Managing Your Action Items

One of the things I often recommend to clients is to keep a desktop file containing all of their “Action” papers.  This might contain manila folders or hanging files labeled with such titles as Action Required, To Do, Bills to Pay, Waiting For, To File, To Call, To Enter in Computer, Coupons & Offers, etc.  This system works well to contain all those stray papers that might otherwise litter your desk and other flat surfaces.

One issue that comes up, though, is will these papers be “out of sight, out of mind”?  Unless you can establish a habit of checking the folders on a daily basis, you’ll also need to come up with a system that will trigger your memory to actually accomplish the action items.  This could be your calendar, a paper or electronic planner, a tickler file, reminders programmed into your phone, or even just a list on a notepad or in a binder.  Most likely it will be a combination of these tools.

I highly recommend the book by David Allen for ideas about how to set up and work with such a system.  In it, he outlines three basic requirements for managing commitments:

  • “First of all, if it’s on your mind, your mind isn’t clear. Anything you consider unfinished in any way must be captured in a trusted system outside your mind… that you know you’ll come back to regularly and sort through.
  • Second, you must clarify exactly what your commitment is and decide what you have to do, if anything, to make progress toward fulfilling it.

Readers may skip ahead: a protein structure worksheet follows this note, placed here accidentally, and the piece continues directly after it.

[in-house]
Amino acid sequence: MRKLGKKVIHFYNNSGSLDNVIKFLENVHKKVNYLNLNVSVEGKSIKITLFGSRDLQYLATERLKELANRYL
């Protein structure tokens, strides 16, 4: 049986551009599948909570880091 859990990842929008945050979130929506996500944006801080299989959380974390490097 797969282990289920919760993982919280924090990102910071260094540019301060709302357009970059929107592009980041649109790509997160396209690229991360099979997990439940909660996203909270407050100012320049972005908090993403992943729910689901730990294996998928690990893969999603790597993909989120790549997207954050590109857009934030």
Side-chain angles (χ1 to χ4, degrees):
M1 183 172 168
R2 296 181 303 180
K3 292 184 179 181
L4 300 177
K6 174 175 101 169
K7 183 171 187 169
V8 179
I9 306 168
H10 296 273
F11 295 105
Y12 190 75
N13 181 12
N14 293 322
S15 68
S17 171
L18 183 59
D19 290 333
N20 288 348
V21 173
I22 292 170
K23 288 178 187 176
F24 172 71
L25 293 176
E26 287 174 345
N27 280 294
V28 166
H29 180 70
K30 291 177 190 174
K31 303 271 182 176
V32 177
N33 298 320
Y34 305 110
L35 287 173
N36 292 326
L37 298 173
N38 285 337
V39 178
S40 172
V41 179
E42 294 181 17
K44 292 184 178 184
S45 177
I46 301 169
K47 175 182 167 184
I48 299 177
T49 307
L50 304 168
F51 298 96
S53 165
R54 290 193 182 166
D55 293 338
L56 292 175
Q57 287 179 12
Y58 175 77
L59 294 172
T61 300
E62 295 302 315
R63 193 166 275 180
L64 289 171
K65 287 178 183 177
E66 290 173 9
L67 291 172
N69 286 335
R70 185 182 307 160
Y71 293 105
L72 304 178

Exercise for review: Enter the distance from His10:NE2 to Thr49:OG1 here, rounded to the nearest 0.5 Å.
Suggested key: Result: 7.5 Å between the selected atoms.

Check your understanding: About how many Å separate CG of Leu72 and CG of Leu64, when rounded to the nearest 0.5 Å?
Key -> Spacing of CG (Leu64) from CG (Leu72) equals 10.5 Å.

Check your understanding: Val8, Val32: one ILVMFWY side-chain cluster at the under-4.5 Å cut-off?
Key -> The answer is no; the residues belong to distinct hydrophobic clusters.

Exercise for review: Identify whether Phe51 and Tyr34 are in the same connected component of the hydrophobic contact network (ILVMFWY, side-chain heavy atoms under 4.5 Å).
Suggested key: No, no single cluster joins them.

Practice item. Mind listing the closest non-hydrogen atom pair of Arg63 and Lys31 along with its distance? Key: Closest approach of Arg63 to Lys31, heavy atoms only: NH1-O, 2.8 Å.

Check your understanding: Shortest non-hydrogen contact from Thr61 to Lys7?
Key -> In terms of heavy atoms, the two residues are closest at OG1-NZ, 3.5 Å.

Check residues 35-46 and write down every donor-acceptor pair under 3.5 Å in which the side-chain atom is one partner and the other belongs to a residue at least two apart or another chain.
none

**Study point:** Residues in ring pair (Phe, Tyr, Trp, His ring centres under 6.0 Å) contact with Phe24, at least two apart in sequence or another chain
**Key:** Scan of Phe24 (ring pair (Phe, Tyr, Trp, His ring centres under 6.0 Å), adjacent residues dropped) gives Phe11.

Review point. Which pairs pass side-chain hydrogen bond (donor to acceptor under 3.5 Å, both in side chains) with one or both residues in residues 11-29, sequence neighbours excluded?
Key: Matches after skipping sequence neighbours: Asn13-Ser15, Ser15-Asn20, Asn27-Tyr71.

• Third, once you’ve decided on all the actions you need to take, you must keep reminders of them organized in a system you review regularly.”

 “A system you review regularly.”  That’s the key point, I think.  Over the years, I’ve tried a lot of different systems. Years ago, I received training in the Franklin Planner system.  (A similar one is the popular Day-Runner system.)  One time I tried an index card system.  I’ve also tried the Planner Pad which is a unique paper-based planner that includes your lists, daily to do’s, and appointments all on one page.  But since I dislike my handwriting and having to rewrite lists, I finally settled on a computer-based program called Achieve Planner, which is what I’ve been using for some time now.  It actually has more bells and whistles than I’ll ever use, but the basic program serves the purpose of keeping everything in one place.  I use this program in conjunction with a computer-based calendar, a desktop file and a tickler file.

To summarize, here’s a list of calendar and planner systems I’ve mentioned and others I’ve heard of:

There are many different systems out there. Sometimes you have to test-drive a few of them before you find one you really like, that fits with your lifestyle, and that you will use on a regular basis.  If you haven’t found one yet, keep looking until you find one that works for you!


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  1. Finding Your Perfect Calendar

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